In England, where Henry VIII had confiscated the knight's property, Queen Elizabeth declared that if Malta had fallen to the Turks, then England itself would have almost certainly fallen to the Moslems. She ordered the Archbishop of Canterbury to appoint a special form of thanksgiving to be read in every church in the land every day for three weeks. The rest of Europe also celebrated, paid their respects, and acknowledged their debt to the Order that most had long before written off as having no real value. The Order' s standard with the famous Maltese Cross would become, for a time, the only standard to be saluted by every nation in the world. Some nations still observe St. John's Day to celebrate the exploits of these valiant knights.


    There are many great and timely lessons in the amazing history of the Order of St. John, but here we will only address the most basic. Great strategists have often changed the course of history, but these knights were not great strategists – they were simply great souls. Their resolve, courage, and endurance accomplished what possibly no great strategy could have. Sometimes leadership is reduced to just this, and in this leadership often finds its greatest definition. Immature leadership will always be overly focused on the odds, or the resources available. Great leaders are focused on the task. To the greatest leaders, retreat or defeat are not even possibilities.

    While the Christian nations of Europe had turned their armies against each other, the knights of St. John stayed focused on who the real enemy was. Even though the Order was composed of the noble sons of those Christian nations that were fighting each other, they did not allow the doctrinal or political divisions to enter their ranks. Because of their unity, focused vision, and determination never to retreat before their enemies, they dramatically turned back what had appeared to be the inevitable course of history. It is now almost impossible to imagine what history would have been like without these few brave souls.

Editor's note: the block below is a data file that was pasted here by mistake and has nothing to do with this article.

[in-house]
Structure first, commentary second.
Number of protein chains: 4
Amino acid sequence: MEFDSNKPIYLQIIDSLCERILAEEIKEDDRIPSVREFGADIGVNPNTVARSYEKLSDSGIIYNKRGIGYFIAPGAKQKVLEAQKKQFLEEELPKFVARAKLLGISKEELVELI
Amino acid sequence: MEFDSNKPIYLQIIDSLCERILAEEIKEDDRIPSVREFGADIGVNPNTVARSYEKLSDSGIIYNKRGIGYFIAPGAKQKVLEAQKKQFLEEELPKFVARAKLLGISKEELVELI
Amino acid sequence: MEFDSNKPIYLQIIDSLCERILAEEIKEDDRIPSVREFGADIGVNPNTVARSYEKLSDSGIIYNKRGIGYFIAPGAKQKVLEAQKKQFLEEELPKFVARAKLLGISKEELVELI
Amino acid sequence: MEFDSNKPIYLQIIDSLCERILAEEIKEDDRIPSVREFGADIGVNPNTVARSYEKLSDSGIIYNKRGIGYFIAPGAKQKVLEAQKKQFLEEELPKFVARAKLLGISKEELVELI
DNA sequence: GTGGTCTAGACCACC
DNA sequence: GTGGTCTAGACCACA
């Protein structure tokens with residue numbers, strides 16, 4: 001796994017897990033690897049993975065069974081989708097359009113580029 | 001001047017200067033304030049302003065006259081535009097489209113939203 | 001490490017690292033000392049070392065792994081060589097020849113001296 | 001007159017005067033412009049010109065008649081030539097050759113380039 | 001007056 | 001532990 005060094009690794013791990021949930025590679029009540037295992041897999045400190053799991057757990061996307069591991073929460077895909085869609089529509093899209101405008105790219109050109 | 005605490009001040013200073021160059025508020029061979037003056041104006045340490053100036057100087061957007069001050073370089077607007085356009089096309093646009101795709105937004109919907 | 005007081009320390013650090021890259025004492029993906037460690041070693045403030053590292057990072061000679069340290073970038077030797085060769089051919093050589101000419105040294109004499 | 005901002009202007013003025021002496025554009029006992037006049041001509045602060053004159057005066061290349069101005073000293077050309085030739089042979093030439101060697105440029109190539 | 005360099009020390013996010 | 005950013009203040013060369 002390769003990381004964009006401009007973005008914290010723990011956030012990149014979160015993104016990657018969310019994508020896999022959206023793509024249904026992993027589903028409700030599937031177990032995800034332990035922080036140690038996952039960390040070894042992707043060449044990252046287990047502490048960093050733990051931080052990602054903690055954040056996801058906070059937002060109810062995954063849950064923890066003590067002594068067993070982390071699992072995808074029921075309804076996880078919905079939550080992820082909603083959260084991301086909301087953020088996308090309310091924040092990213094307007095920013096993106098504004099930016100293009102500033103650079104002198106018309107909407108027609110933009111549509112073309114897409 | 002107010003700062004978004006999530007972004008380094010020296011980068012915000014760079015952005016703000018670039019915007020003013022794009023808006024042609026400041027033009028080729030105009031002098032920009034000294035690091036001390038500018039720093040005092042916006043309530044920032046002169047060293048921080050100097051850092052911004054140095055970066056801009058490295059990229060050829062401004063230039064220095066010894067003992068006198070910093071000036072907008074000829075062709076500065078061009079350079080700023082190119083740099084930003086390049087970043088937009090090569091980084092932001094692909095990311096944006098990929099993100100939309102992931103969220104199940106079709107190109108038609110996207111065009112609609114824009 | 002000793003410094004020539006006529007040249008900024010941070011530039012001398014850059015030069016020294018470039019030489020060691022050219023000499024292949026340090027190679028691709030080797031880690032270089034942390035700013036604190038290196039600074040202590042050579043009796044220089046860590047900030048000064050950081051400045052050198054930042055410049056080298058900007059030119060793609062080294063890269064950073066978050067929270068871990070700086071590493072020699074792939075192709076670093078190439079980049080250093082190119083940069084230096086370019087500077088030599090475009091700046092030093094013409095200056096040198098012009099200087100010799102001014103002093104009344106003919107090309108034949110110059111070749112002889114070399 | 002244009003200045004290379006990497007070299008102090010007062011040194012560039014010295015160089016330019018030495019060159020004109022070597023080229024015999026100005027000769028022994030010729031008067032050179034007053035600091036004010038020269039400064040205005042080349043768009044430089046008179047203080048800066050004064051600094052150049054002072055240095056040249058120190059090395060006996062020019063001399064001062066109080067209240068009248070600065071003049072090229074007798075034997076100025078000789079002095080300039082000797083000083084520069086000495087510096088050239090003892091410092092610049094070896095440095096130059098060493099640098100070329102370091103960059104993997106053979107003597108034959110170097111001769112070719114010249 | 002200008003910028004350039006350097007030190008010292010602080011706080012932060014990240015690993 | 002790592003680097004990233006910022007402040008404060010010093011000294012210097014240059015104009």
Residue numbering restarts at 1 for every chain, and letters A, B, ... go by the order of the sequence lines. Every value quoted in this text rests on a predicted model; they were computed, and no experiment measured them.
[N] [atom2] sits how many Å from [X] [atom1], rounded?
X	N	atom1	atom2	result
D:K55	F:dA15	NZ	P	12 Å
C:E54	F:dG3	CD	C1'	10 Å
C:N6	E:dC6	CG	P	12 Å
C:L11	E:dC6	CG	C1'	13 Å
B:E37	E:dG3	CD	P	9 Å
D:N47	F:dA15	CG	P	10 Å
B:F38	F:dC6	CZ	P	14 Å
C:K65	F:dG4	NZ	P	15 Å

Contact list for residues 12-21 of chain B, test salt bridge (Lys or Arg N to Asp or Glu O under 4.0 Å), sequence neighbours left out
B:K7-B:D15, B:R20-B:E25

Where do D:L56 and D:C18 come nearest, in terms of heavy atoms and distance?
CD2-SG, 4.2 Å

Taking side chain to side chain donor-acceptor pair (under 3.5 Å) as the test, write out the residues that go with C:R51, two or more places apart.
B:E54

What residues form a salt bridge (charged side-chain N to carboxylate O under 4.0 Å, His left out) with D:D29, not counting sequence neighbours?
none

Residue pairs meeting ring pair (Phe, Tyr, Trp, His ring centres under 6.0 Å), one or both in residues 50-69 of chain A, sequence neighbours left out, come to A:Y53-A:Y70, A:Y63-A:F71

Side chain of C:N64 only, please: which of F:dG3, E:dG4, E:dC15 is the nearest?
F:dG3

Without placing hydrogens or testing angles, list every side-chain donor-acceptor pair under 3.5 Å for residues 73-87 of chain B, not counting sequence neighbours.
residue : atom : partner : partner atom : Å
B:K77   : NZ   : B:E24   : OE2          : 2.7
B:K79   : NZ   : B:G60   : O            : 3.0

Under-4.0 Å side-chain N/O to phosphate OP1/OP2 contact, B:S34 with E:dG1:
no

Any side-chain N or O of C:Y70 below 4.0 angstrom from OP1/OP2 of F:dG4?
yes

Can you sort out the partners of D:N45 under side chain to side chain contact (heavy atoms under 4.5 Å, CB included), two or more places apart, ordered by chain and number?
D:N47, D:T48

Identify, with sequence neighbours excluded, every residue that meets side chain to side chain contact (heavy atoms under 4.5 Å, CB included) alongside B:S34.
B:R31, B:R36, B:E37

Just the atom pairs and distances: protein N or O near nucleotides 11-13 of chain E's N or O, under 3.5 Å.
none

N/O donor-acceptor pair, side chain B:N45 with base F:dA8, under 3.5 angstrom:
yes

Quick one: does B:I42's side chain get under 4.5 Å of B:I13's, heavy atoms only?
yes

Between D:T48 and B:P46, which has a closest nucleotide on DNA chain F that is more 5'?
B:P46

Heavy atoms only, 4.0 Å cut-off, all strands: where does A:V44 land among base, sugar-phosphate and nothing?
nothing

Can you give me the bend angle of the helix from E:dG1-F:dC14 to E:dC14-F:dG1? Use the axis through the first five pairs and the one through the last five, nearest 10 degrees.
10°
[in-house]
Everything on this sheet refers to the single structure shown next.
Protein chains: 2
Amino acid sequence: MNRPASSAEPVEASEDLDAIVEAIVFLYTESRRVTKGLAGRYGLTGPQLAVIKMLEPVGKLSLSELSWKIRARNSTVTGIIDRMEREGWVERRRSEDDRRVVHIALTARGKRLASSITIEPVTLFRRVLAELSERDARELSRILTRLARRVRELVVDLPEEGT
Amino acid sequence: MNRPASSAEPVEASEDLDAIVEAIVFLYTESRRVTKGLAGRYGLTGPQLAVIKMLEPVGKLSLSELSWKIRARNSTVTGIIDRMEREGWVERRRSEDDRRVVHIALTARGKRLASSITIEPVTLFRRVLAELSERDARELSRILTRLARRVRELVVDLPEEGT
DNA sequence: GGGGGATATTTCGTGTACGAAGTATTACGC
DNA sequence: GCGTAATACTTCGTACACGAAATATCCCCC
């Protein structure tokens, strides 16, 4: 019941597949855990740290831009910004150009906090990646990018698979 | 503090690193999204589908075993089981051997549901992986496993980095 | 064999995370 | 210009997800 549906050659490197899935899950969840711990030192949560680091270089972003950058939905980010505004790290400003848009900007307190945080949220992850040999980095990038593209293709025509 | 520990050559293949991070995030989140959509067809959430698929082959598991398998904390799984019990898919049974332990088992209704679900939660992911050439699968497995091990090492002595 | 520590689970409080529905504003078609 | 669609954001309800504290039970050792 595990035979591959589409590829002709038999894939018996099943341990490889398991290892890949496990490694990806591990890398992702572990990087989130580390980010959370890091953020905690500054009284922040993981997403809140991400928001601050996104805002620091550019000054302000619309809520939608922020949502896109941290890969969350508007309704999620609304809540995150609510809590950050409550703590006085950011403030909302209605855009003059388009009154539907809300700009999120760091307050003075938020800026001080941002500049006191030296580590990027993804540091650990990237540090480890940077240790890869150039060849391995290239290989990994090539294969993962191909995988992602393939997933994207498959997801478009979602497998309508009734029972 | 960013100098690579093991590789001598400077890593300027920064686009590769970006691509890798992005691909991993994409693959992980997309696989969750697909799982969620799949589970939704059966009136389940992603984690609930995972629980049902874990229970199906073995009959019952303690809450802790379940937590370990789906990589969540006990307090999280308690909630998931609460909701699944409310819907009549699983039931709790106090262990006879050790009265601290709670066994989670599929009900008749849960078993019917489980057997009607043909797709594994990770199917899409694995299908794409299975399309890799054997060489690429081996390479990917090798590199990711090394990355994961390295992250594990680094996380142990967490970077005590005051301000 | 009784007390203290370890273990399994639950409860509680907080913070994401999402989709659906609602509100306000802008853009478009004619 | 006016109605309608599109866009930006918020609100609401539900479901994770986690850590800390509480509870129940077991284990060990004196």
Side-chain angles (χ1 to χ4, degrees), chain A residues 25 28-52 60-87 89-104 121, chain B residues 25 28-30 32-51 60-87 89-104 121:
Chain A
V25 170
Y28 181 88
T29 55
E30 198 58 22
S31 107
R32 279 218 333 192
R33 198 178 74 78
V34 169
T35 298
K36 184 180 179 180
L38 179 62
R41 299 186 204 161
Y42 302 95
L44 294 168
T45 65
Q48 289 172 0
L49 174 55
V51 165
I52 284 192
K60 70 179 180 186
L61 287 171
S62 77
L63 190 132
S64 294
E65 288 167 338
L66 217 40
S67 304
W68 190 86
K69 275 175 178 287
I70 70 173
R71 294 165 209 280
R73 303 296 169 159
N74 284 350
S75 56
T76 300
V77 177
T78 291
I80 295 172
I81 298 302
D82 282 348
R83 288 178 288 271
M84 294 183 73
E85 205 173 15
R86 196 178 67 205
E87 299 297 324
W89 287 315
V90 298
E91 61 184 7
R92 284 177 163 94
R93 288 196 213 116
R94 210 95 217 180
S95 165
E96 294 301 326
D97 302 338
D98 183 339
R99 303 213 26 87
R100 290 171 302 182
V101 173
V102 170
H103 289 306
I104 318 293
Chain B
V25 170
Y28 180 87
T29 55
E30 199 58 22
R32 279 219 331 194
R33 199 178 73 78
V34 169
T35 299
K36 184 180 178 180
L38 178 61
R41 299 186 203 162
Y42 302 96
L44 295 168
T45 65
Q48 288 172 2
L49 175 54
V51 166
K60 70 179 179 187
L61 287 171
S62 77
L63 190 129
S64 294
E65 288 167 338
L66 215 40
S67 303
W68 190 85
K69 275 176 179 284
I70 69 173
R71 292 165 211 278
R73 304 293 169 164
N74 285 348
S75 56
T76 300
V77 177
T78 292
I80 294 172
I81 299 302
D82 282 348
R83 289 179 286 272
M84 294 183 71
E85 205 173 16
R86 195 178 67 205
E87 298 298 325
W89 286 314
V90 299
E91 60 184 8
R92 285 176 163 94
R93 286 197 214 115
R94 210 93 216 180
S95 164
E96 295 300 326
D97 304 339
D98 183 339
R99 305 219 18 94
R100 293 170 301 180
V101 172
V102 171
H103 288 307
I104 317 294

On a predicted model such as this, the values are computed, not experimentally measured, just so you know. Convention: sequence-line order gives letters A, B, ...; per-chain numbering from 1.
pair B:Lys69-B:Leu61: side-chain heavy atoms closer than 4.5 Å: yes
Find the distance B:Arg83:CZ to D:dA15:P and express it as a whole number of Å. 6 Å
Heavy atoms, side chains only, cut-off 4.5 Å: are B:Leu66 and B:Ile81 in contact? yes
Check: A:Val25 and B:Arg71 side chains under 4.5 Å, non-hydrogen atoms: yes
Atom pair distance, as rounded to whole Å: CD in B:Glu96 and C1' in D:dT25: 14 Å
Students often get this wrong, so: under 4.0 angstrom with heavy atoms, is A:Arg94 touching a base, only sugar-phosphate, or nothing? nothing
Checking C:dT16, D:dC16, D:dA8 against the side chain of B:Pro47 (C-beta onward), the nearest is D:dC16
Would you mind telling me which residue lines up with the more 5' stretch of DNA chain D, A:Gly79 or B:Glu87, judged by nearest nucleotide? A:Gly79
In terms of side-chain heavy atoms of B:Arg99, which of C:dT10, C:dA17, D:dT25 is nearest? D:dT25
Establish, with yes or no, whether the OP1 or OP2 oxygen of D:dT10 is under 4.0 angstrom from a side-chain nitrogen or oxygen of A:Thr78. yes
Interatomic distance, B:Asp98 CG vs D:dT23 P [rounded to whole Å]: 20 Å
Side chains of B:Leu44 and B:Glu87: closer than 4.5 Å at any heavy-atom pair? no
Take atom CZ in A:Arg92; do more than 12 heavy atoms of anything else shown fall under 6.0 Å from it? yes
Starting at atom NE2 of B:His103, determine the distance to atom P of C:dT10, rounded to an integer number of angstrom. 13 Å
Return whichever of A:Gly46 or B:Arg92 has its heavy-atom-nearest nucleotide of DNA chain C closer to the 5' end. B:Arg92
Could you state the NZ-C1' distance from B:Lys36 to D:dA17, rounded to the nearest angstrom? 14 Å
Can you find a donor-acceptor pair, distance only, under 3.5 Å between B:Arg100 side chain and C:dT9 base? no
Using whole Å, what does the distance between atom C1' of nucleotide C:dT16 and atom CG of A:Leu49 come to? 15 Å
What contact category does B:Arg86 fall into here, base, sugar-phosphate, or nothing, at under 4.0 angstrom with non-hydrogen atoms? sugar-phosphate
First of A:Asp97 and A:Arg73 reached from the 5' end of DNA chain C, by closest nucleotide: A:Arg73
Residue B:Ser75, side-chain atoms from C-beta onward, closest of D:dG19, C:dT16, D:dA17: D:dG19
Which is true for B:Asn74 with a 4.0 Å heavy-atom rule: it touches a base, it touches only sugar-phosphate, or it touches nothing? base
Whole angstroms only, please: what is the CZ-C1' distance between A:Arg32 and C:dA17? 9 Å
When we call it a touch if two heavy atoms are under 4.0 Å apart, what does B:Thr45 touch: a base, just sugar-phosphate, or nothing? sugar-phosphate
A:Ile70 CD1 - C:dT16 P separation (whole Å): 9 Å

Similar Threads

  1. Nordish vs Medish Crusades
    By Rodskarl Dubhgall in forum Middle Ages
    Replies: 1
    Last Post: Sunday, May 27th, 2018, 09:24 PM
  2. What Were the Crusades, and Were They Justified?
    By Roderic in forum Catholicism
    Replies: 5
    Last Post: Friday, April 20th, 2012, 07:12 AM
  3. Modern Moslem Perception of the Crusades
    By Chlodovech in forum Immigration & Multiculturalism
    Replies: 0
    Last Post: Monday, March 13th, 2006, 11:20 PM
  4. What Were the Crusades Really About?
    By friedrich braun in forum Middle Ages
    Replies: 3
    Last Post: Saturday, January 29th, 2005, 12:17 PM


Posting Permissions

  • You may not post new threads
  • You may not post replies
  • You may not post attachments
  • You may not edit your posts